In celebrating the Fifteenth Amendment’s sesquicentennial, let’s start at the beginning and ask a deceptively complicated question: Why did Congress pass the Fifteenth Amendment instead of the Voting Rights Act of 1869?
By the time the Fifteenth Amendment was sent to the States for ratification in early 1869, Congress had already passed legislation enfranchising black men in the District of Columbia, the federal territories, and the Reconstructed South. Blacks, however, remained disenfranchised in several Northern and Border States. Given our current understanding of the Fourteenth Amendment—which had just been ratified—Congress would have been well within its constitutional authority to mandate black suffrage in the States.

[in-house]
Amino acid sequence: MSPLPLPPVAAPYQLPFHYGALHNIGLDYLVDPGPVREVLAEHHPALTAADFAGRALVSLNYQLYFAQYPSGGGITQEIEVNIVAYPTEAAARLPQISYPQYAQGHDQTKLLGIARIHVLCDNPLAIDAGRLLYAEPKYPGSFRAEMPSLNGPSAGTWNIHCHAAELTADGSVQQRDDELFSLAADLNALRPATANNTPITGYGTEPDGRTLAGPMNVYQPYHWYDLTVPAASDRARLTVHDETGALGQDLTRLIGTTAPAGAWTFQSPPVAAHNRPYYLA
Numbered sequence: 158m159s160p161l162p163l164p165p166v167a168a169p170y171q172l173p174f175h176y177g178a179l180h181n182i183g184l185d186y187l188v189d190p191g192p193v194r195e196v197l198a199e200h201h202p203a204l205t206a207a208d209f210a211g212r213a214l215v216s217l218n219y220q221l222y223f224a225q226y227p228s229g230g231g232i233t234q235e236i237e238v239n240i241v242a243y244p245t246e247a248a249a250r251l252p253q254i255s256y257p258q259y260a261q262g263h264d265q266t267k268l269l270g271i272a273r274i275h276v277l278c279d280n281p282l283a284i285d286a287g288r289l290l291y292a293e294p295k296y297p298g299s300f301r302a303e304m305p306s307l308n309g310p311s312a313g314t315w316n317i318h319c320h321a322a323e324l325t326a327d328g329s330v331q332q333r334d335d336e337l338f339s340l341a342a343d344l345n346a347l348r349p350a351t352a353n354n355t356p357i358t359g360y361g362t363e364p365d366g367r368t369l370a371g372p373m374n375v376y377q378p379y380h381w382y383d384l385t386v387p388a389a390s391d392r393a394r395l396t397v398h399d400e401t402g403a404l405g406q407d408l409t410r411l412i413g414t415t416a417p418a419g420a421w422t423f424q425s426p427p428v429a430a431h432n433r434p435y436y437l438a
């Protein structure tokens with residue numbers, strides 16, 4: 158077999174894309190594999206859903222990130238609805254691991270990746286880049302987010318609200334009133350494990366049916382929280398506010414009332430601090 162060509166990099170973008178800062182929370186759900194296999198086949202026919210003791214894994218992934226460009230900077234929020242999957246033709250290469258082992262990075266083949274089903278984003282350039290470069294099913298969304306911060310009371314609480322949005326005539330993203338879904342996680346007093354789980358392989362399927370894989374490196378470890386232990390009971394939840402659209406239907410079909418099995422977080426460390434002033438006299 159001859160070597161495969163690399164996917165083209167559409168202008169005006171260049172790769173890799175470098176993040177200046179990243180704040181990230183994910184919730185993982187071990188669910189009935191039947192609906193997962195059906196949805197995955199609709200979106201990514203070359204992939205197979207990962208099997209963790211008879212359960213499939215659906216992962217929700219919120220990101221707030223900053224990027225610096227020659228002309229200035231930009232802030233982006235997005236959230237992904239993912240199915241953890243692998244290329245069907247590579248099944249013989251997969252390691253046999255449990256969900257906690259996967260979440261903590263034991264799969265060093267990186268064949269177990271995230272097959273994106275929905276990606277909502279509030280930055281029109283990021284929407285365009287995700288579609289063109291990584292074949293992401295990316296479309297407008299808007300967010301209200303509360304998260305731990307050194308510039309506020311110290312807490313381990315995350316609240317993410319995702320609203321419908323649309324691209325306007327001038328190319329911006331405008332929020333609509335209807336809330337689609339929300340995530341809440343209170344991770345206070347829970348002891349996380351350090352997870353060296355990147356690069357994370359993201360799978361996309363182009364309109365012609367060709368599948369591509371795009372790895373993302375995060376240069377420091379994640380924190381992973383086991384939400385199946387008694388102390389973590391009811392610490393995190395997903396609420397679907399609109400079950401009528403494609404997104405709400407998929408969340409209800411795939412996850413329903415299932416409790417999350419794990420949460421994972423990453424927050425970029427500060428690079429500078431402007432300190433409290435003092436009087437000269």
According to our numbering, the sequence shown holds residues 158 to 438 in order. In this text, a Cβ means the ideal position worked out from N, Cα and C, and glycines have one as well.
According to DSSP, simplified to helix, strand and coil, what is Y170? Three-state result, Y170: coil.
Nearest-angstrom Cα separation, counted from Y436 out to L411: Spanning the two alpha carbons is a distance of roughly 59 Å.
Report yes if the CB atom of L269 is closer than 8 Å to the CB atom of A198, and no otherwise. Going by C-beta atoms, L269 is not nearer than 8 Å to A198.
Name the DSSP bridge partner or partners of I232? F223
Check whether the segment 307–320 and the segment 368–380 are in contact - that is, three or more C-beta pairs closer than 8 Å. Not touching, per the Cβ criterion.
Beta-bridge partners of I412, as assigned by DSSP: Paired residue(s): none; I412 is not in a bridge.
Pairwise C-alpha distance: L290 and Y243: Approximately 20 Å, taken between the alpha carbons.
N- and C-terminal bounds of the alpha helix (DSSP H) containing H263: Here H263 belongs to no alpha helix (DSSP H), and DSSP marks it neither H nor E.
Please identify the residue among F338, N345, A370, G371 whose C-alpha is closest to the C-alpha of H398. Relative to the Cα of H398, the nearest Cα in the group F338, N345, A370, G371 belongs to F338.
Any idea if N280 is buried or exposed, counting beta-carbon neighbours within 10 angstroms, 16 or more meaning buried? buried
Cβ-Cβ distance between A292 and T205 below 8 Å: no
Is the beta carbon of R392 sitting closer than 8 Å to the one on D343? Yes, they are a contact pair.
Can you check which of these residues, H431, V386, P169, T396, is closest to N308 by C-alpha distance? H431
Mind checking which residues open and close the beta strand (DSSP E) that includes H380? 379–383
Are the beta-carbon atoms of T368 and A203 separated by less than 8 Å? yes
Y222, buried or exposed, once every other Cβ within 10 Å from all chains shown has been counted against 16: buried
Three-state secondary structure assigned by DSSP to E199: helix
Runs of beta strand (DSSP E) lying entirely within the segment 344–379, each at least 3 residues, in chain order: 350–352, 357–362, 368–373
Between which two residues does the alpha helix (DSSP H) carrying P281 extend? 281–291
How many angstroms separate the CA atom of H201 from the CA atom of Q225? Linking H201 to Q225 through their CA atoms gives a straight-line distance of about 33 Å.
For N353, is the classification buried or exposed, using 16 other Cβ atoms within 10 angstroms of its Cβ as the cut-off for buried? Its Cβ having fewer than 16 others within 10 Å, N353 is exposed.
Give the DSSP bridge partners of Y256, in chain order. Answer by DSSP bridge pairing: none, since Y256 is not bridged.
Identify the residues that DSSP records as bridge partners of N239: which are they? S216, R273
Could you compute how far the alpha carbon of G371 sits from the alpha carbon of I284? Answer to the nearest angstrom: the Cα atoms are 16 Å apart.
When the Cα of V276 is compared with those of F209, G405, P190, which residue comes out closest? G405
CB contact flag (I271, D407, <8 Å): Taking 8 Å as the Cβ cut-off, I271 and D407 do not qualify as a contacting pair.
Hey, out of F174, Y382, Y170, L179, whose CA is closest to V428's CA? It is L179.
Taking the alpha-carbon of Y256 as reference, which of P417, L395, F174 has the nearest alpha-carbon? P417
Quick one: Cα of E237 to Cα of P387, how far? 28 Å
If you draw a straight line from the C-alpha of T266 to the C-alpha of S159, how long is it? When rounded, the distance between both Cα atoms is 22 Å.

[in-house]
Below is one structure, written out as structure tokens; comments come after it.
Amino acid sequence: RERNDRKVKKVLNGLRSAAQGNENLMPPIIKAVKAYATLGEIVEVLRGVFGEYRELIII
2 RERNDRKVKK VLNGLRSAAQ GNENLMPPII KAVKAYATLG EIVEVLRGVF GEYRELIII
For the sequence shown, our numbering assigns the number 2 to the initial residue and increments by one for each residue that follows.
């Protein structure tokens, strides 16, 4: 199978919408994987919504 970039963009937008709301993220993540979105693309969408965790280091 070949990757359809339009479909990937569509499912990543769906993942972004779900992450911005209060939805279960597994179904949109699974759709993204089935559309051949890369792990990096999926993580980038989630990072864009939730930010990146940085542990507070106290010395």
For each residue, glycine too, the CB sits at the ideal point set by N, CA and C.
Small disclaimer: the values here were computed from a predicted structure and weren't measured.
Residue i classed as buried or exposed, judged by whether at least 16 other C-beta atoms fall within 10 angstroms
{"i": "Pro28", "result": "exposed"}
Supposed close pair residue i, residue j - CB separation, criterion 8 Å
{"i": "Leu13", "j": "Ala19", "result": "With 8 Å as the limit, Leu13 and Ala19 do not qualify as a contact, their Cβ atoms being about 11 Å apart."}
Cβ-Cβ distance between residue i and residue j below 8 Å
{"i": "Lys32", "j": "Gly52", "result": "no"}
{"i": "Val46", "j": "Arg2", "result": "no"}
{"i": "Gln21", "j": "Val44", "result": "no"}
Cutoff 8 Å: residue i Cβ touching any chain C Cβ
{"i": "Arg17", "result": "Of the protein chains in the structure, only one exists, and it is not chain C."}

One possible explanation is that the Fifteenth Amendment was an entrenchment device. But this narrative only explains why there is an amendment; it does not explain why the Reconstruction Congress did not first pass a Voting Rights Act of 1869.
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